In order to forge itself a place and make it, if possible, a respectable one, HEC needed an objective. It chose a very simple one: “To be to the University of Lausanne what Wharton School is to the University of Pennsylvania”. This was greeted with smiles by quite a few chancellors, but over time and against all the past and perhaps above all present odds, HEC has almost managed to reach its goal. How did it get there?
First of all, any institution aiming to teach economics at an international level requires a modicum of academic and functional freedom to allow it to develop in close relationship with the economy. Because of this, its mission and visibility far exceed traditional university membership. What is needed is an entrepreneurial mindset, a grain of provocation and academic nonconformism and above all direct and privileged relations with the economic and political world. For the past two decades, the heads of HEC have consistently fought for this freedom. As a constituent body of the University of Lausanne, HEC therefore adopted the name HEC Lausanne in the eighties and created a strong trademark which it has since developed further. The school is able to draw on public relations, collaborations and representations developed over time by its management, professors, students and graduates all over the world. The aim was to position HEC Lausanne at the top of the field in its areas of competence. It was a long and ongoing task, but crucial to the existence of the faculty and to the credibility of the teaching and research it delivers in the areas where it aims to excel.
The areas of competence of this problem child of the University of Lausanne and its “Wharton School” dream grew to a wider but well thought-out range of academic services in teaching and especially in research. In order to follow its dream, the school had to raise its teaching standard and choose between taking the track of the so-called hard sciences and moving closer to the ‘social sciences’. HEC Lausanne chose the former and very soon found itself in closer affinity to the engineering disciplines than to the ‘soft’ sciences – without, however, neglecting the input of the latter. Out of this general choice grew other promising and current areas: management theory and technology, accounting concepts, or finance and risk management in such fields as engineering or health economics and management, to mention but a few. All these areas have enriched the teaching programmes. They have led to four-year bachelor degrees, the creation of numerous masters’ programmes and structured doctoral studies. These teaching objectives could not have been reached without a marked development in research, mostly within the new institutes. It is thanks to the quality of its research, above all, that HEC Lausanne now ranks among the leaders in European university rankings.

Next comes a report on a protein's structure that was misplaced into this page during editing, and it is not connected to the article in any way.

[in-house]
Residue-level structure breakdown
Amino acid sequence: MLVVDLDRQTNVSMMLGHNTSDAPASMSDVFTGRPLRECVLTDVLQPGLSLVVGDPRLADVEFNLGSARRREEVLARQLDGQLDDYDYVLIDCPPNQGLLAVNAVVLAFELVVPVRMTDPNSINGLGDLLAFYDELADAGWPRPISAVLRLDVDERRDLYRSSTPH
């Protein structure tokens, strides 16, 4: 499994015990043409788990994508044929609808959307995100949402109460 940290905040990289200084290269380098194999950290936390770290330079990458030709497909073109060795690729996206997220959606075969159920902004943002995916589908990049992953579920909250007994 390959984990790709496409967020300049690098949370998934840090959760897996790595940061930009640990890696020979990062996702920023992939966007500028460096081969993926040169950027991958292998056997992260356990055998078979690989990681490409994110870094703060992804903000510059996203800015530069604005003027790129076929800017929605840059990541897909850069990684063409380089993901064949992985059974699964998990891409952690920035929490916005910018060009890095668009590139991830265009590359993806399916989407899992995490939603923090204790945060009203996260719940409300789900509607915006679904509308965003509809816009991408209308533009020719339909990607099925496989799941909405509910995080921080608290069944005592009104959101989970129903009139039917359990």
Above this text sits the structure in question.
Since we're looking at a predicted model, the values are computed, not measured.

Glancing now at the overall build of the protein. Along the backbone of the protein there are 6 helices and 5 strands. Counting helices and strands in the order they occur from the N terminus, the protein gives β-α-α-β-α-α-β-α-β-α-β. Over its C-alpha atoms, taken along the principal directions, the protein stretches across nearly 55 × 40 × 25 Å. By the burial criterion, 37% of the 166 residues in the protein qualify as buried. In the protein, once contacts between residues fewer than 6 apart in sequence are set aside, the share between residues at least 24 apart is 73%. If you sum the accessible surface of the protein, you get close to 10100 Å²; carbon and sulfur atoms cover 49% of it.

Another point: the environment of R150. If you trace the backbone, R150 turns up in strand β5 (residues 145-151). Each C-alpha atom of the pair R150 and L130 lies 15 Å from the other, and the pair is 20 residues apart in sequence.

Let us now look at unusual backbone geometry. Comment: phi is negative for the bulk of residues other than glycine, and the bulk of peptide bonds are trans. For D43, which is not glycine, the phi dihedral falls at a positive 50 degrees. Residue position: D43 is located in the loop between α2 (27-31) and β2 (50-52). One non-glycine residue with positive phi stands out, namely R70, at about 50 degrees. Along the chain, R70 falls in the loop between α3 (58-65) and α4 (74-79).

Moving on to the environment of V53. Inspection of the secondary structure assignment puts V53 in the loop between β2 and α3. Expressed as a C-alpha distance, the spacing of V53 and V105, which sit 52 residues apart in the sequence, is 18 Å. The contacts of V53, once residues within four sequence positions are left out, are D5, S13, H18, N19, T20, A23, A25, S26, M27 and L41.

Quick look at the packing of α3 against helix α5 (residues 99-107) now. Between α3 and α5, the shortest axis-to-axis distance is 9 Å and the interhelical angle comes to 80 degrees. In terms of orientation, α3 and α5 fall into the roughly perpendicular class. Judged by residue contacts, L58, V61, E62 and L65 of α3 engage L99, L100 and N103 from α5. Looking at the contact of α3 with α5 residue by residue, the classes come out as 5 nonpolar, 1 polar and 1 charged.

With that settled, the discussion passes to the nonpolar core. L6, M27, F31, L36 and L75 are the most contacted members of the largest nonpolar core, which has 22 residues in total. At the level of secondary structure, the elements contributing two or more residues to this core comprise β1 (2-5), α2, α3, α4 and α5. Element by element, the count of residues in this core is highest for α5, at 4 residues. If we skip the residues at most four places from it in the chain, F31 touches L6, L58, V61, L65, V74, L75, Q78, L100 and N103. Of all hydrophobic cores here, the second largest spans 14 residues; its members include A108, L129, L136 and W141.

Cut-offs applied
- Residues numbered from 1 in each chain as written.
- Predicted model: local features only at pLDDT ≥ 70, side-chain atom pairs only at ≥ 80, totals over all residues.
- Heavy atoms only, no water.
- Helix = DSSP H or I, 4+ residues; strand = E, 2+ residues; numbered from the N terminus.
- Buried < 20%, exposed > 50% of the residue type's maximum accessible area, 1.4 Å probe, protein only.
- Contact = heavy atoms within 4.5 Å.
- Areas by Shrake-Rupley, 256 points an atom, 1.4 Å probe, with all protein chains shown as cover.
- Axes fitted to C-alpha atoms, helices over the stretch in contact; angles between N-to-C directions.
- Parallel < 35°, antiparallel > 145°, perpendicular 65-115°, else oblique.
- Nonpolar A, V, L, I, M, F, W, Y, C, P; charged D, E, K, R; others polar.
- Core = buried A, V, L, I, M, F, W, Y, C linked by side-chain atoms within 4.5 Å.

HEC Lausanne has almost reached its dream of becoming the “University of Lausanne’s Wharton School”. It has experienced ups and downs. The school has had to struggle against academic conformism and tradition. Without being given many resources, the school has come a long way, thanks to its professors, assistants and above all students, who, with ambition and conviction, have continually aimed high. Has the school made itself heard, and is it still being heard? These are the questions the present and the future will have to answer!